The recent MLIS graduate looks forward to preserving dance and performing arts documentation for students, scholars, performers.
Although Jennifer Maiko Kishi (’13, MLIS, Archival Science and Informatics) studied classical ballet, her latest contribution to the dance world is far from traditional. The recent graduate of the UCLA Department of Information Studies was awarded a Dance Heritage Coalition (DHC) Preservation and Archives Fellowship. The thirteen-week fellowship, which was funded by a grant from the Institute of Museum and Library Services, includes a weeklong orientation session on working with dance-related materials, training at a host institution supervised by leaders in the dance library and archival field, and attendance at professional conferences including the annual meetings of the Society of American Archivists (SAA) and the American Library Association (ALA).
While the other DHC Fellows have been processing records, creating online exhibits, and digitizing the performing arts collections from dance companies and other related institutions, Kishi recently completed a project with the Ohio State University Libraries Lawrence and Lee Theatre Research Institute (TRI) and the Motion Capture Lab at the Advanced Computing Center for the Arts and Design (ACCAD).
“I was interested in working with dance preservation technologies and the Ohio State University is renowned for its innovation, experimentation, and collaboration with art and technology,” says Kishi. “I’m thrilled for this opportunity to help contribute to the preservation of OSU’s performing arts motion capture materials. Unlike most traditional forms of dance documentation – notations, oral traditions, and moving and still images, motion capture technology allows a unique opportunity to conduct in-depth analysis of movements through multi-angled views in three-dimensional space.”
Working with ACCAD’s growing performing arts motion capture collection which includes works by performance artist Marcel Marceau and choreographer Bebe Miller, Kishi provided a collections assessment of materials. She also researched and provided recommendations for managing motion capture materials for ACCAD’s long-term archival access and preservation.
To develop an archival planning report for ACCAD, Kishi interviewed the staff members at the motion capture lab, communicated with various institutions and companies working with motion capture, as well as departments at OSU to discuss copyright, metadata, digital preservation, and technical issues and requirements. Her final report included recommendations for creating an archival inventory, developing policies and procedures, digital preservation techniques, and potential sources of funding for developing a performing arts motion capture archive.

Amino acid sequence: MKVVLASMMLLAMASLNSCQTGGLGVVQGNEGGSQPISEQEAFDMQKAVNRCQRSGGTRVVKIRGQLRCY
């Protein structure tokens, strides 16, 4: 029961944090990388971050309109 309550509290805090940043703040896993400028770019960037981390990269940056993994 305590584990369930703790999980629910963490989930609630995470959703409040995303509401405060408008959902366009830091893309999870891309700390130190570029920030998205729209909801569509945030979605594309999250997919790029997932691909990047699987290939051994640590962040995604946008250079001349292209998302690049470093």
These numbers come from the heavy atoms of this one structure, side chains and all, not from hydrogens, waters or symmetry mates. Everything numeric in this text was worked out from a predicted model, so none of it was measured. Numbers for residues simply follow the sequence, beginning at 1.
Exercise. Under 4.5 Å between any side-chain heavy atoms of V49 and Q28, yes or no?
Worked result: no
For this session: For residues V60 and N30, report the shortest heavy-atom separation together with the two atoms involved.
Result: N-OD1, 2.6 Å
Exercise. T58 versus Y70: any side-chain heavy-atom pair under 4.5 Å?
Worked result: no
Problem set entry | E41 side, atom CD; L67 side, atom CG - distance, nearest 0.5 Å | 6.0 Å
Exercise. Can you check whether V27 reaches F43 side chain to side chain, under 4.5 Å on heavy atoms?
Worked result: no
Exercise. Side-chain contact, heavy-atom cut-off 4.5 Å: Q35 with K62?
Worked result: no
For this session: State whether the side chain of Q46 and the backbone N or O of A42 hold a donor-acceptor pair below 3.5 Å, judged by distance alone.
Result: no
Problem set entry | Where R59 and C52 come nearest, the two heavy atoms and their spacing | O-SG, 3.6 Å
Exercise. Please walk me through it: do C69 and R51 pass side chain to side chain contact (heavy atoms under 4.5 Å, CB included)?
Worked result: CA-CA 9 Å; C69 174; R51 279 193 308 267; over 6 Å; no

Kishi says the preservation of dance materials is often regarded as an afterthought by many choreographers and dance companies. During her fellowship orientation in Chicago, she had the opportunity to contribute to a group archival assessment of a dance company.
“Dance is multifaceted – you need to take into account many different components of dance from the choreographer and the dancers; the music and the costumes; the rehearsal footage and photographic documentations; and the actual choreography and performance itself,” notes Kishi. “Choreographers and dance companies are often too busy, don’t have allocated funds for archival preservation, or the knowledge of how to preserve their materials.”
The next phase of Kishi’s fellowship is her practicum assignment, where she and another DHC Fellow, Lyla Medeiros who completed her fellowship residency at the UCLA Special Collections, will be working on a collaborative project. They will conduct research for DHC’s Dance Preservation and Digitization Project (DPDP), which will provide prospective users – educators, students, institutions, dancers and choreographers, with dance-related primary source materials in one central database.
Kishi says that having studied dance is an advantage in her work to preserve techniques and performances. “I have an understanding of what the process is – how dance develops, from beginning to end,” she says. “The way choreography is taught, rehearsed, and performed.”
“Although I no longer dance, it’s gratifying to be able to contribute to the documentation and preservation of dance heritage materials.”
Kishi is also attending “Archives 2013,” the joint meeting of the Council of State Archivists and SAA in New Orleans this month, and will be sharing her DHC Fellowship experiences at the Performing Arts Roundtable. She earned her bachelor’s degree in political science at UCLA.
Kishi has recently worked as a special collections cataloging intern for the Getty Research Institute, and an archives intern at the Yosemite National Park Archive. She served as vice president of the UCLA Student Chapter of SAA from 2012-2013.